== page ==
95% of Congress is ok with Israel’s torture of Palestinian children

95% of Congress is ok with Israel’s torture of Palestinian children

No Way To Treat a Child is a bill before the House with the simple objective of protecting Palestinian children from being tortured in Israeli prisons and detention centers.

Palestinian children are regularly beaten, tortured, and imprisoned by Israel. Congress member Betty McCollum has introduced a bill to stop U.S. tax dollars from funding this, but so far only 22 Congress members have co-sponsored it. (None of the Democratic presidential candidates currently in Congress have introduced or signed onto the legislation.)

People who believe in protecting children need to make their wishes known – go here to contact your member of Congress.

by Kathryn Shihadah

From No Way To Treat a Child, report by Defense for Children International:

Each year the Israeli military detains and prosecutes around 700 Palestinian children.

From the moment of arrest, Palestinian children encounter ill-treatment and torture at the hands of Israeli forces.

Three out of four experience physical violence during arrest or interrogation.

Israel is the only country in the world to prosecute children in military courts that lack basic safeguards for a fair trial.

The Israeli government detains about 700 Palestinian children each year. This is an established fact.

The Israeli government prosecutes about 700 Palestinian children in a military court system that is “in violation of international standards,” as verified by multiple human rights organizations.

Our own US State Department confirms that these Palestinian children routinely face “abuse, and in some cases torture.”

Yet somehow, because the perpetrator of these atrocities is Israel, and the victims are Palestinian, American legislators are turning their backs.

betty mccollum
Betty McCollum (D-MN-x) introduced H.R.2407 in April 2019. She had introduced a similar bill (H.R.4391) during the previous Congressional session.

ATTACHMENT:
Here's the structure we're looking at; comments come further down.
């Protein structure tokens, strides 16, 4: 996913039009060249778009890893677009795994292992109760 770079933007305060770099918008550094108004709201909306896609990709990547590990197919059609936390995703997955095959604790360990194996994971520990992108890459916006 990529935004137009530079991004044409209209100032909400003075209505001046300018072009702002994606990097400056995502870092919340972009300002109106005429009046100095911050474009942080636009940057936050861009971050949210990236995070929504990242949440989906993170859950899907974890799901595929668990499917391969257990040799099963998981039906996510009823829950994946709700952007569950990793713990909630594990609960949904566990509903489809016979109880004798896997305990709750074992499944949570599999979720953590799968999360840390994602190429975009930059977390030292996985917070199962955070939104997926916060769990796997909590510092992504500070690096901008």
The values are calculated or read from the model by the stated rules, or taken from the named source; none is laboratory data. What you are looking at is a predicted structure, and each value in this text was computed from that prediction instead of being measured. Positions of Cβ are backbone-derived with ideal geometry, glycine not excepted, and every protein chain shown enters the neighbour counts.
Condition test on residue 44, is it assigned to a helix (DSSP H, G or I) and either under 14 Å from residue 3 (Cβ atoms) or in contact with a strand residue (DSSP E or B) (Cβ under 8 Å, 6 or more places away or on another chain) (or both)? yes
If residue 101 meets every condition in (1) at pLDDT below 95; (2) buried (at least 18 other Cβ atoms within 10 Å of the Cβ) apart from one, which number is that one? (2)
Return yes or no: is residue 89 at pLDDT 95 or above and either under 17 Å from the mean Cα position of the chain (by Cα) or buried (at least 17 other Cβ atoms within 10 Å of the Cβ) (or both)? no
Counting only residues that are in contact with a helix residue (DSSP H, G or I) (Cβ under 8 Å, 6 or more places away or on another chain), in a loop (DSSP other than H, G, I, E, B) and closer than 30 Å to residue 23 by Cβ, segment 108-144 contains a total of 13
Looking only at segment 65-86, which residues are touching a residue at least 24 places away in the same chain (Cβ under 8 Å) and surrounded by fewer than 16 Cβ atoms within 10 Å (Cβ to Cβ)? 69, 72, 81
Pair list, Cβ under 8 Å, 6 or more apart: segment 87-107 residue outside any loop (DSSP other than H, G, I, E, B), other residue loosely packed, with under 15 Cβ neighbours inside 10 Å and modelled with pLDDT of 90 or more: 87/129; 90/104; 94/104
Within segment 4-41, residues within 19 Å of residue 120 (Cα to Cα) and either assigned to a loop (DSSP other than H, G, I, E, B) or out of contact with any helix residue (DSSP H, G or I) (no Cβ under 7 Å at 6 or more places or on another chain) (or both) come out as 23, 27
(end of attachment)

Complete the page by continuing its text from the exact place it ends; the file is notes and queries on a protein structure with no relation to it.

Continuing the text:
A bill before the House of Representatives, H.R.2407, promotes “human rights for Palestinian children living under Israeli military occupation and require(s) that United States funds do not support military detention, interrogation, abuse, or ill-treatment of Palestinian children.”

Only 5% of Congress members have been willing to cosponsor it, just 22 out of 435.

Meanwhile, bills that promote Israel, the perpetrator of atrocities against Palestinian children, have received wide support.

For example, H.R.1837, the US-Israel Cooperation Enhancement and Regional Security Act, garnered 292 cosponsors (67%) – this for a bill that creates cybersecurity sharing (even though Israel spies on the US) and unlimited assistance in the event of “imminent threat of military attack” at the President’s discretion.

Another bill, H.Res.246, Opposing Efforts to Delegitimize the State of Israel and the Global Boycott, Divestment, and Sanctions Movement targeting Israel, got 351 (80%) – although it is widely considered unconstitutional.

What’s going on here, when our legislators rush to give aid to a country that spies on us, when they line up to jeopardize free speech, but they can’t stand up against the torture of children?

And what’s going on when two legislators do stand up against the torture of children – and then change their minds?

Jumping ship

Rep. Rosa DeLauro [D-CT-3] and Rep. Debbie Dingell [D-MI-12] both cosponsored H.R.2407, but then withdrew their names – for two seemingly different reasons.

Rep. DeLauro – a supposed champion of the well-being of children – rescinded her sponsorship in June, claiming that her name had been added by mistake, and explaining that she opposed the bill because it “seeks to single out Israel for criticism, and seeks to appropriate money to investigate, document, and report only on Israeli abuses.”

Rep. Dingell withdrew her name last month. Why? She explained, “After talking with many in my community about this bill. … I felt H.R.2407 was ultimately counterproductive to a peaceful, two-state solution to the Israeli-Palestinian conflict.”

If the phrases “seeks to single out Israel” and “counterproductive to a two-state solution” sound familiar, they should.

Let’s talk about “singling out”

The fact is that Congressional bills on foreign policy frequently focus on the practices of one country (for example, H.R.4695, H.R.4754, and H.R.4644). This is standard operating procedure and basic common sense.

Several dozen pieces of legislation are in Congress right now that promote Israel – through aid ($38 billion over the next ten years), silencing free speech critical of Israel, applauding Middle Eastern countries that have normalized relations with Israel, and affirming support of Israel’s illegal annexation of part of Syria, to name just a few.

It is particularly ironic to find a Congress member complaining of ‘singling Israel out,’ given that Congress so frequently singles out Israel for special treatment and inordinate aid. Apparently, singling Israel out to receive on average 7,000 times more aid per capita than others around the world is ok, but a law that protects Palestinian children from abuse is somehow not permissible.